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dc.contributor.authorAlmeida, Sandra
dc.contributor.authorGascon, Eduardo
dc.contributor.authorTran, Helene
dc.contributor.authorChou, Hsin-Jung
dc.contributor.authorGendron, Tania F.
dc.contributor.authorDeGroot, Steven R.
dc.contributor.authorTapper, Andrew R.
dc.contributor.authorSellier, Chantal
dc.contributor.authorCharlet-Berguerand, Nicolas
dc.contributor.authorKarydas, Anna
dc.contributor.authorSeeley, William W.
dc.contributor.authorBoxer, Adam L.
dc.contributor.authorPetrucelli, Leonard
dc.contributor.authorMiller, Bruce L.
dc.contributor.authorGao, Fen-Biao
dc.date2022-08-11T08:08:30.000
dc.date.accessioned2022-08-23T15:57:30Z
dc.date.available2022-08-23T15:57:30Z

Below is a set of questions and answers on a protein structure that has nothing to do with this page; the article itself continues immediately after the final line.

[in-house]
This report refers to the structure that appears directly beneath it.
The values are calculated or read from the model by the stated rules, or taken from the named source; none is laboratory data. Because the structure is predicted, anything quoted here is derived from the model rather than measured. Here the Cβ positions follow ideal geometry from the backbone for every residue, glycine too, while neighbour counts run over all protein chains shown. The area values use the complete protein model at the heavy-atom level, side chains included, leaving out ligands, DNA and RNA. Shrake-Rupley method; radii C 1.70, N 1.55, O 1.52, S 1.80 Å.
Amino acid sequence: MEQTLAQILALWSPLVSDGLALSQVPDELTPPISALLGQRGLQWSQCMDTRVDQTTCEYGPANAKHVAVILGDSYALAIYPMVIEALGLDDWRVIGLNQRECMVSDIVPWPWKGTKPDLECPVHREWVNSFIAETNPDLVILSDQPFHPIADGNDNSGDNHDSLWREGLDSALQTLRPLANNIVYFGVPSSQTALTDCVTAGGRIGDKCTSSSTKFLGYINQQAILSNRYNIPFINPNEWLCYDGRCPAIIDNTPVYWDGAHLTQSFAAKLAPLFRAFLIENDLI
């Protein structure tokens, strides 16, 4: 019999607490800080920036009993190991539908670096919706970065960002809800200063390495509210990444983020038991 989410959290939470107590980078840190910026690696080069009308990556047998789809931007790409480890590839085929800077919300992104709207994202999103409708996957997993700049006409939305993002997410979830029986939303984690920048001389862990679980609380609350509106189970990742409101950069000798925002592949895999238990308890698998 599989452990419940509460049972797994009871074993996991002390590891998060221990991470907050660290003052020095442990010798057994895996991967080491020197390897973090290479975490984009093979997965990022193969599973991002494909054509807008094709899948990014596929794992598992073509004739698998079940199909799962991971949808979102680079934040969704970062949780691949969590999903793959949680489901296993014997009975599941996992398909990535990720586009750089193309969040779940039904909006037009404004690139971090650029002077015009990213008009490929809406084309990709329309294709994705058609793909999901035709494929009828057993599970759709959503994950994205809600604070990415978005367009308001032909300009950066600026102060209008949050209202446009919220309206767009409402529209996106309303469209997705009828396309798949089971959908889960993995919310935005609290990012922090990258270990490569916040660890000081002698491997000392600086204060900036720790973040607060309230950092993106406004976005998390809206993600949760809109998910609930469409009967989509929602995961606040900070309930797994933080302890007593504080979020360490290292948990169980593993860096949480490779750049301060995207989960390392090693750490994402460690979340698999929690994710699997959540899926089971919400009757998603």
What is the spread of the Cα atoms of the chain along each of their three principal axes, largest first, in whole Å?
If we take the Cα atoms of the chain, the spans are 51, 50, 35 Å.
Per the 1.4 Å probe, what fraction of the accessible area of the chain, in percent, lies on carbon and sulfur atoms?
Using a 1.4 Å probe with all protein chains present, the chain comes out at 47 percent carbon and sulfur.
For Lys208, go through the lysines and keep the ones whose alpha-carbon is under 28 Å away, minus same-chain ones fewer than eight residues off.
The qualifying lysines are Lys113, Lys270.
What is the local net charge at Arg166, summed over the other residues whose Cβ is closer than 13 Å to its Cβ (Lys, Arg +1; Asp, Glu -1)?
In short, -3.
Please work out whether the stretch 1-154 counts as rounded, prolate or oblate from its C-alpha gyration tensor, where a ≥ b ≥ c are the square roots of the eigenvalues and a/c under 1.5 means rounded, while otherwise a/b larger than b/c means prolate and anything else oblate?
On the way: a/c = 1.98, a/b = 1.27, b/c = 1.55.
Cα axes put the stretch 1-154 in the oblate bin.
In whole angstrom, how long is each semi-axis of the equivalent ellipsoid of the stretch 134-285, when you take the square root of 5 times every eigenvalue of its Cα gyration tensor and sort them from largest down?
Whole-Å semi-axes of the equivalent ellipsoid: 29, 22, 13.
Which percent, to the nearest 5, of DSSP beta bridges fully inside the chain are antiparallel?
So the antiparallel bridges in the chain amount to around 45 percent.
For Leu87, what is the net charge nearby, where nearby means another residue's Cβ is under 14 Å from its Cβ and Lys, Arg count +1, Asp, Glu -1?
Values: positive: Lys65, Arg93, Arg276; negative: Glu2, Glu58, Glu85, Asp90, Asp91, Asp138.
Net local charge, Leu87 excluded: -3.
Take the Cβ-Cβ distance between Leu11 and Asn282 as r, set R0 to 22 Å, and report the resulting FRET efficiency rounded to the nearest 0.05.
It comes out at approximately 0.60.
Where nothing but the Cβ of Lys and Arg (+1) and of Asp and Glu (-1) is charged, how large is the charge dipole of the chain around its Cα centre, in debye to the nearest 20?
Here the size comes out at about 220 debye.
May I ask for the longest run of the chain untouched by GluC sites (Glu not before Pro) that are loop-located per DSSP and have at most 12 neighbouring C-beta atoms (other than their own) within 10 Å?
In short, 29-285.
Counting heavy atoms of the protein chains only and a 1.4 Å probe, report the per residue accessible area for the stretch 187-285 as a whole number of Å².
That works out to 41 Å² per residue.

dc.date.issued2013-09-01
dc.date.submitted2014-10-24
dc.identifier.citation<p>Acta Neuropathol. 2013 Sep;126(3):385-99. doi: 10.1007/s00401-013-1149-y. <a href="http://dx.doi.org/10.1007/s00401-013-1149-y">Link to article on publisher's site</a></p>
dc.identifier.issn0001-6322 (Linking)
dc.identifier.doi10.1007/s00401-013-1149-y
dc.identifier.pmid23836290
dc.identifier.urihttp://hdl.handle.net/20.500.14038/30214
dc.description<p>© The Author(s) 2013. Open Access. This article is distributed under the terms of the Creative Commons Attribution License which permits any use, distribution, and reproduction in any medium, provided the original author(s) and the source are credited.</p>